The development of food law in Canada is having an impact beyond the legal community and is an exciting development for anyone who engages with the food system, whether they be food entrepreneurs, scientists, regulators, or the everyday consumer. Because food lawyers represent clients from every part of Canadian food systems, they are able to approach problems with a multi-stakeholder perspective and a versatile set of skills. Food lawyers' interests are in better laws -- laws that benefit the system as a whole and enable a more fair, balanced, and effective legal and regulatory regime for the production, processing, and sale of food in Canada. Accordingly, a food lawyer can be an effective person to develop policy, advocate for a client, or navigate complex regulatory bodies.
Canadians are spending more time thinking about their food: where it comes from, how it is sourced, treated and graded. Having lawyers who are conversant in Canadian and global food systems should result in better food laws, better advice for food enterprises, a multi-stakeholder approach to regulatory reform, and a group of passionate professionals keen to improve upon our food systems.
For lawyers, the excitement is even greater. When at law school, most students are presented with a fairly traditional canon of practice areas to choose from in order to prepare for traditional careers both within and outside of the legal world -- to become criminal, family, corporate, or in-house lawyers. But, as Mary Beth Albright rightly points out, if you're keen on using the creative skills that enabled you to get in and through law school, food law and policy brings a fresh dimension to a legal career that addresses issues that are rapidly becoming increasingly important from government to business to your plate.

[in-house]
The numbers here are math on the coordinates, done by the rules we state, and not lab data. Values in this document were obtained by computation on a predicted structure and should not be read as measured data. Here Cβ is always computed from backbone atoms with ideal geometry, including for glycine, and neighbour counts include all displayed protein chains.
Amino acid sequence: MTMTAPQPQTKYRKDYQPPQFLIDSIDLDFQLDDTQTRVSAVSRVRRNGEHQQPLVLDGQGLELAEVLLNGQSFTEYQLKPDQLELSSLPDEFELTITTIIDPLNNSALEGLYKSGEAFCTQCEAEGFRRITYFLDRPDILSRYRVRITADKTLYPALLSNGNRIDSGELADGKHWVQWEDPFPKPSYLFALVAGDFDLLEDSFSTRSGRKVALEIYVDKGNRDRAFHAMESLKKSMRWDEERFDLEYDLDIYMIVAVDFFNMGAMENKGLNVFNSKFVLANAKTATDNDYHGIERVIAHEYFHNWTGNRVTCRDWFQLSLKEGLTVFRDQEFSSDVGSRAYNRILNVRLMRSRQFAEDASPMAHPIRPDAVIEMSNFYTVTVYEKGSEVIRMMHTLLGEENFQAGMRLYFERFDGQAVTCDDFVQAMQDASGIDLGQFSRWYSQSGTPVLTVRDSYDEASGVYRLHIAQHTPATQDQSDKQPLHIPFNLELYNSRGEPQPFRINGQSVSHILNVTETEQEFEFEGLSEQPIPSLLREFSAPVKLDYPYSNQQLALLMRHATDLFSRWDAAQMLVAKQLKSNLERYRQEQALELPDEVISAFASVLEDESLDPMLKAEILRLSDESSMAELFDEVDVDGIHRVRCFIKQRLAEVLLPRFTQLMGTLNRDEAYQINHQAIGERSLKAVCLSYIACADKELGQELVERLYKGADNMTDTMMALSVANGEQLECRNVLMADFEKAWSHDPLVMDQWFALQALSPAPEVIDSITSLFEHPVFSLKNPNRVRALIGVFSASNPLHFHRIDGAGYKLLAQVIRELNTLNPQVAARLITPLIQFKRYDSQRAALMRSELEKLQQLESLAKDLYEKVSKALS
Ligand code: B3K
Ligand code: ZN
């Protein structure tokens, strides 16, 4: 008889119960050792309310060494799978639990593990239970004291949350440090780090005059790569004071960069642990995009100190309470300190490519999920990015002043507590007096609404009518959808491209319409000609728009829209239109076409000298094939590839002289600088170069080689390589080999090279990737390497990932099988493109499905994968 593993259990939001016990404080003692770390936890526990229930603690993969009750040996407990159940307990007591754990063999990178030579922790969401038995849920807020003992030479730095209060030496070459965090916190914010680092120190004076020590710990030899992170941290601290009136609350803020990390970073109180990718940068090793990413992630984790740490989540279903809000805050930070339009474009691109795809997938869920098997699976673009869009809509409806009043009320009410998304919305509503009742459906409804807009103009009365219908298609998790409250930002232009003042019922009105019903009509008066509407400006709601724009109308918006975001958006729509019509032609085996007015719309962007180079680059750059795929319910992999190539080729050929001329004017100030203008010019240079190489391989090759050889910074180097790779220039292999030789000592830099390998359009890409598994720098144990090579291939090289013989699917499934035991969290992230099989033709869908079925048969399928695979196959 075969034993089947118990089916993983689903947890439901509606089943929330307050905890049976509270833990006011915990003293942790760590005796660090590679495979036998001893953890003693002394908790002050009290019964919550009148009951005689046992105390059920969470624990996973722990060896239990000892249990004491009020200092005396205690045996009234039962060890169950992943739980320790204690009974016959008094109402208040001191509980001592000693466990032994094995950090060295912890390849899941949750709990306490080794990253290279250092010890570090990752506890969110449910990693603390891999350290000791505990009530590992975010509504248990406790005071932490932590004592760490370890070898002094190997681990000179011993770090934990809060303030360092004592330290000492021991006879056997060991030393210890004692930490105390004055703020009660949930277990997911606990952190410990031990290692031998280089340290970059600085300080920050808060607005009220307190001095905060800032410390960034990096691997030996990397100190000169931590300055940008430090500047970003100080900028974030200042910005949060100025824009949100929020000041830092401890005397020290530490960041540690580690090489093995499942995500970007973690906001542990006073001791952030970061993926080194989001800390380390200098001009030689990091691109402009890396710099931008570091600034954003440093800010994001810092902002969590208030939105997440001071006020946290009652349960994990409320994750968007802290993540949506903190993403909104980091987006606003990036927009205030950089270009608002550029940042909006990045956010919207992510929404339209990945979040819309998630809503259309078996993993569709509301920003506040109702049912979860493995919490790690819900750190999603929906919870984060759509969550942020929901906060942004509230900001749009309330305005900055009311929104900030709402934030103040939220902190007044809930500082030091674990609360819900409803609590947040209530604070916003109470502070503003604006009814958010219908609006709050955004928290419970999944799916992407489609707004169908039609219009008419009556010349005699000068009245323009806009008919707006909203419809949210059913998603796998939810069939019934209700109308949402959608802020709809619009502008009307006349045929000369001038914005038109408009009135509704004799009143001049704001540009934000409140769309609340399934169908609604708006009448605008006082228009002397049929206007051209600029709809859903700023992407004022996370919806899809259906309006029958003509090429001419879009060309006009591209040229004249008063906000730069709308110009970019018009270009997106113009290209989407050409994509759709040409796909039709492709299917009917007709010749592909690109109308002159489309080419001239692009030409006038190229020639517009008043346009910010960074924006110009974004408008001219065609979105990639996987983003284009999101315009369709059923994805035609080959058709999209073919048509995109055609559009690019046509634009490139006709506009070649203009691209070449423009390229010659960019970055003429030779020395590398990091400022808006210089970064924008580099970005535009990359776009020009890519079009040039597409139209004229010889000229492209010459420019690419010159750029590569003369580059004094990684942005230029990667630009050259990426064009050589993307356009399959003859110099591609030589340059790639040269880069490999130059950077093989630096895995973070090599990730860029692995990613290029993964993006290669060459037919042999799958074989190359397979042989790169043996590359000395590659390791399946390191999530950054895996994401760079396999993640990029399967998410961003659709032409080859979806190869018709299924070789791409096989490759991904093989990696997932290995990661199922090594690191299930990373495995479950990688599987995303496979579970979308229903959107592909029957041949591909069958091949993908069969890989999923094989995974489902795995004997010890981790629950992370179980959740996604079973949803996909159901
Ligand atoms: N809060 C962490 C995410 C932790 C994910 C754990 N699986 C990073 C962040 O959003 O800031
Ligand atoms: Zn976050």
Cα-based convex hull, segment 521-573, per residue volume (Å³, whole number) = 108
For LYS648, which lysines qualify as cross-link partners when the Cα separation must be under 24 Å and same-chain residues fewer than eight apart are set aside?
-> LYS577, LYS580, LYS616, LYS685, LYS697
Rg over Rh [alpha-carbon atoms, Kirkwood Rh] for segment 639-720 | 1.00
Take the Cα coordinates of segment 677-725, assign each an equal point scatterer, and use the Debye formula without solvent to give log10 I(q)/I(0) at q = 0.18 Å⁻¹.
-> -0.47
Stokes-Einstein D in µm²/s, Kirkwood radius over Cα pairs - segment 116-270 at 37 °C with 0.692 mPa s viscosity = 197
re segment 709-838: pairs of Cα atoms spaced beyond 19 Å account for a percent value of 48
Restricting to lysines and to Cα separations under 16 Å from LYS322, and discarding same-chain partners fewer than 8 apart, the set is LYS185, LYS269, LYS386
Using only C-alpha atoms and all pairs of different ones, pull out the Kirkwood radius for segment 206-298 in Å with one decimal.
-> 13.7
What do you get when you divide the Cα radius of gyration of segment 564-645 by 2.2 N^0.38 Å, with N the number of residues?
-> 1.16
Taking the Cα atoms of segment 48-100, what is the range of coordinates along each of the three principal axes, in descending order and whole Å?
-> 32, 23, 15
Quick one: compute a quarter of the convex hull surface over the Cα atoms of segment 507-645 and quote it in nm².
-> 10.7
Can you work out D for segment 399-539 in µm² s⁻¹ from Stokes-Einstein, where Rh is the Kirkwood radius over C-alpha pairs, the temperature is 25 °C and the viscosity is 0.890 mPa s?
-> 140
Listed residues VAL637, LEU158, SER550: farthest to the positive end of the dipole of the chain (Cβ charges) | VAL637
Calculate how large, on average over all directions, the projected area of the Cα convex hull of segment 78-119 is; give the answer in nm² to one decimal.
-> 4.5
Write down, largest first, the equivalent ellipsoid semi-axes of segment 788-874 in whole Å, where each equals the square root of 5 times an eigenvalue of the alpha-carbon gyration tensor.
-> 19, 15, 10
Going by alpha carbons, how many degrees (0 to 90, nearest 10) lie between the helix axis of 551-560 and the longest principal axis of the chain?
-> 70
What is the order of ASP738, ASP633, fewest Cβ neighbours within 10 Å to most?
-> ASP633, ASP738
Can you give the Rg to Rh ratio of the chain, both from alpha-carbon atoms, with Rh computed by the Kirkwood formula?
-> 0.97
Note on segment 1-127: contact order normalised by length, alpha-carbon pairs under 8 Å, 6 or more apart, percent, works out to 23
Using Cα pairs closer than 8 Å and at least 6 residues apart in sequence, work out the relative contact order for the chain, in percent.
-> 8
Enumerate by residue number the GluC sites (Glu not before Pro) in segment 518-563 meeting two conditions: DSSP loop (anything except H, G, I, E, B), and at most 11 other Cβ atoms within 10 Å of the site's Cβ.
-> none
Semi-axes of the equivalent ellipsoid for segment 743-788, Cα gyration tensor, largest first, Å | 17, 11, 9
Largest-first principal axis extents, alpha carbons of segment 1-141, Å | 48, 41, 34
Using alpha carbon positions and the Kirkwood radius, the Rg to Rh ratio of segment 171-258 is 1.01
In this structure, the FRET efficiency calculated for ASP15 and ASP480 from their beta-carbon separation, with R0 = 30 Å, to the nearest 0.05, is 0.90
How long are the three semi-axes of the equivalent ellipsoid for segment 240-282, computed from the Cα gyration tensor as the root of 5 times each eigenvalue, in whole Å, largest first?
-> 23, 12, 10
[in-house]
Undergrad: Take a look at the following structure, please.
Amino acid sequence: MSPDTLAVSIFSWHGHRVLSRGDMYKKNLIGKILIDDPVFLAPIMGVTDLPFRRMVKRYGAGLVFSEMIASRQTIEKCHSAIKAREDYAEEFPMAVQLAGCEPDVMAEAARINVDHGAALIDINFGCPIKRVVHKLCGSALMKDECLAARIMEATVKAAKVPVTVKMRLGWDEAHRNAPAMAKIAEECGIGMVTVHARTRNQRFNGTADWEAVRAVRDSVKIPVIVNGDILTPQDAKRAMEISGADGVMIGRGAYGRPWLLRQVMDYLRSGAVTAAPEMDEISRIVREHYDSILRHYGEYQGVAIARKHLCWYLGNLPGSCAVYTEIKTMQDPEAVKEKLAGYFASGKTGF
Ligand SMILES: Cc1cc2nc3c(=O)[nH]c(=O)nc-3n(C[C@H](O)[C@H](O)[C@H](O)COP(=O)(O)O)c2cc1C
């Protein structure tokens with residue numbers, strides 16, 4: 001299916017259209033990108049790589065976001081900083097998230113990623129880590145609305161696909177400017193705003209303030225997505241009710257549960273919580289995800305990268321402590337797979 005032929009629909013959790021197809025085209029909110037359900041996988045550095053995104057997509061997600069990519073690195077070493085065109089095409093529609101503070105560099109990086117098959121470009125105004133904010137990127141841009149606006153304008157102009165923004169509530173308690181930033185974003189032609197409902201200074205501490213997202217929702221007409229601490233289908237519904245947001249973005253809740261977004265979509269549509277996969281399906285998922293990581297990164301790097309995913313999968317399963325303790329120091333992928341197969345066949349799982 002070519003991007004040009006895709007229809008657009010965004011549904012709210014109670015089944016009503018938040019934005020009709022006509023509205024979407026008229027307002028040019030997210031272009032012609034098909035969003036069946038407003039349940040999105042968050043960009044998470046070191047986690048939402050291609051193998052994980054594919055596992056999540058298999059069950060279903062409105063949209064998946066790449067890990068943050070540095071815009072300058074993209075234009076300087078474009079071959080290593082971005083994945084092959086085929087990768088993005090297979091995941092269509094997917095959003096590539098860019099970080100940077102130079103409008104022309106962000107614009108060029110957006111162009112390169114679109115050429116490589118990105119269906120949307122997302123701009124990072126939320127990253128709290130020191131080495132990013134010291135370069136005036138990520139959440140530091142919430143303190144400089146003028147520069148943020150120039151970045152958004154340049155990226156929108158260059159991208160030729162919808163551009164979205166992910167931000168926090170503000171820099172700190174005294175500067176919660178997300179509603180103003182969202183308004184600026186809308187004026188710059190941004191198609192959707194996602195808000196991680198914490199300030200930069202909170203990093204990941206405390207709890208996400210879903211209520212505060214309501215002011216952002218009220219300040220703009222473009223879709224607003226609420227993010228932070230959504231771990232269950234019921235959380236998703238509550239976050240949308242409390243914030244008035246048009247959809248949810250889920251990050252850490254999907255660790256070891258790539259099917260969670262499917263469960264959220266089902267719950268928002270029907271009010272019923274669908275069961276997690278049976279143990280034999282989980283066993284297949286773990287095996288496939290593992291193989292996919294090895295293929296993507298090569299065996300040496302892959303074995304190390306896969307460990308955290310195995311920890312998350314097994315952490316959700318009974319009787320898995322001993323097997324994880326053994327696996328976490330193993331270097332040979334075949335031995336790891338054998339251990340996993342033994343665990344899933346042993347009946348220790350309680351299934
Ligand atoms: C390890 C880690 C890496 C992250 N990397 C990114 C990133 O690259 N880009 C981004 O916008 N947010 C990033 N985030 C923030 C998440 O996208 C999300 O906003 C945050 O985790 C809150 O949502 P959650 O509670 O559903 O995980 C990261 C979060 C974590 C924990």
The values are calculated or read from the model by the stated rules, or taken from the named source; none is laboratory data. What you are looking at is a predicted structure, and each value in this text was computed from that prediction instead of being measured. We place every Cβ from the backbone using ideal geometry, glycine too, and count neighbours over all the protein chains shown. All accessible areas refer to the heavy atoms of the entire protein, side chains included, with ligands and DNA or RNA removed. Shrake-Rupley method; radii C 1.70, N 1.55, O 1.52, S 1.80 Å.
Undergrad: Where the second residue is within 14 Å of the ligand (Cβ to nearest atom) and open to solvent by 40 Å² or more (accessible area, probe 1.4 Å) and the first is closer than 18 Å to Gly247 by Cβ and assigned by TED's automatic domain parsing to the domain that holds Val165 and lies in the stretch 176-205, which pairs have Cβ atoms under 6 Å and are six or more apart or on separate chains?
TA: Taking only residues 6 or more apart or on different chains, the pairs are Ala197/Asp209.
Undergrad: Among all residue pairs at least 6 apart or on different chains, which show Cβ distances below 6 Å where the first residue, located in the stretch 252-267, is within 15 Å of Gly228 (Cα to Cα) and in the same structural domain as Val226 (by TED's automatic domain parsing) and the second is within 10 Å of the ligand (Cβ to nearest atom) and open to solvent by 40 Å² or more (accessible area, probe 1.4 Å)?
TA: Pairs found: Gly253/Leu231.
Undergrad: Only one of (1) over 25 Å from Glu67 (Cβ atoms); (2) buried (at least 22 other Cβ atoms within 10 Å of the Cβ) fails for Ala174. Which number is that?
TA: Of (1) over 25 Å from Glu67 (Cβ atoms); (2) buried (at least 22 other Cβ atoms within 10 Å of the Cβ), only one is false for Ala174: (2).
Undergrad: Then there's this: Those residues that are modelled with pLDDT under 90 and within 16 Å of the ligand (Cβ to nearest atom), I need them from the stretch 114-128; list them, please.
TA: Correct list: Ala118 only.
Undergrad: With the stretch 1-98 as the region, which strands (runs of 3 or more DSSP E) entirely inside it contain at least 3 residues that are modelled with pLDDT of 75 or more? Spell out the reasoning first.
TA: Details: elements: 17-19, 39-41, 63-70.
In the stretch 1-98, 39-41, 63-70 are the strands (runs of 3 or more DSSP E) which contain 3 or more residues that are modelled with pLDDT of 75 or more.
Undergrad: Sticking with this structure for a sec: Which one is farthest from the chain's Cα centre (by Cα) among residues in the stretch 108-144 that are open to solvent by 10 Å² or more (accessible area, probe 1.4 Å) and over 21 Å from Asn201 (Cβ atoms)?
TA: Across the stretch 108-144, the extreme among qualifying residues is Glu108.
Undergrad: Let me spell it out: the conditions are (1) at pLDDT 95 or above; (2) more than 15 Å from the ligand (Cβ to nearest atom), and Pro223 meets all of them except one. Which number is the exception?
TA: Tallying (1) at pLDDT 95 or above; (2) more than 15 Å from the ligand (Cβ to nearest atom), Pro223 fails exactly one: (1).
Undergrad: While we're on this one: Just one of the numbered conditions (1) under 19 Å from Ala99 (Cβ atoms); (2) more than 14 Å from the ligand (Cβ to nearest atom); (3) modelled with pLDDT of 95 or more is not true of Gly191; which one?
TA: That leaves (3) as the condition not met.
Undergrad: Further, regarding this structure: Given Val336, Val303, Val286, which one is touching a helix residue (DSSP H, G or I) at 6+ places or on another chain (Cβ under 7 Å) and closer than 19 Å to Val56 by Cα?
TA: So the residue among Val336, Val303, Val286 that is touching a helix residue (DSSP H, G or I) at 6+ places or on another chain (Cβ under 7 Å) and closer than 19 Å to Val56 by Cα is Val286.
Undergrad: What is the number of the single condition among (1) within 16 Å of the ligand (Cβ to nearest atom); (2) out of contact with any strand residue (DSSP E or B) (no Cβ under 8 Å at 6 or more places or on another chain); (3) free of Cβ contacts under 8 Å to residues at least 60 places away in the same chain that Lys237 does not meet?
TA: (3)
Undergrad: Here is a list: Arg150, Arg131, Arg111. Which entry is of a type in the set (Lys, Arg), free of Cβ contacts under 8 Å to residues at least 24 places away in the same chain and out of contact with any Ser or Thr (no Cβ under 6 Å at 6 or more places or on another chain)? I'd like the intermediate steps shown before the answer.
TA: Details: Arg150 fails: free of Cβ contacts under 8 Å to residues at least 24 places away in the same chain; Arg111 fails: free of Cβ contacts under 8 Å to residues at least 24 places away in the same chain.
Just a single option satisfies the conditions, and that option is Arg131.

ALSO ON HUFFPOST:
This one, as you are probably aware, is already out the door. Target announced on Jan. 15 it is leaving the Canadian market, having lost some $2.1 billion on its whirlwind foray north of the border.
A few months ago it looked like Jacob was already gone, with the Quebec-based fashion boutique filing for bankruptcy and announcing plans to close all 92 stores. But a Quebec court has given the retailer until later this month to come up with a plan to save some of its stores.
The Canadian division of Sears has been bleeding money and has tried to stanch it by selling off leases to some of its highest-profile locations, not to mention layoffs by the thousands. But those moves didn’t stop the retailer from doubling its losses in the most recent quarter. The chain’s Chicago-based parent company is mulling selling the Canadian division. But in this era of big box department stores struggling against online retailers, it’s hard to see who would buy Sears Canada.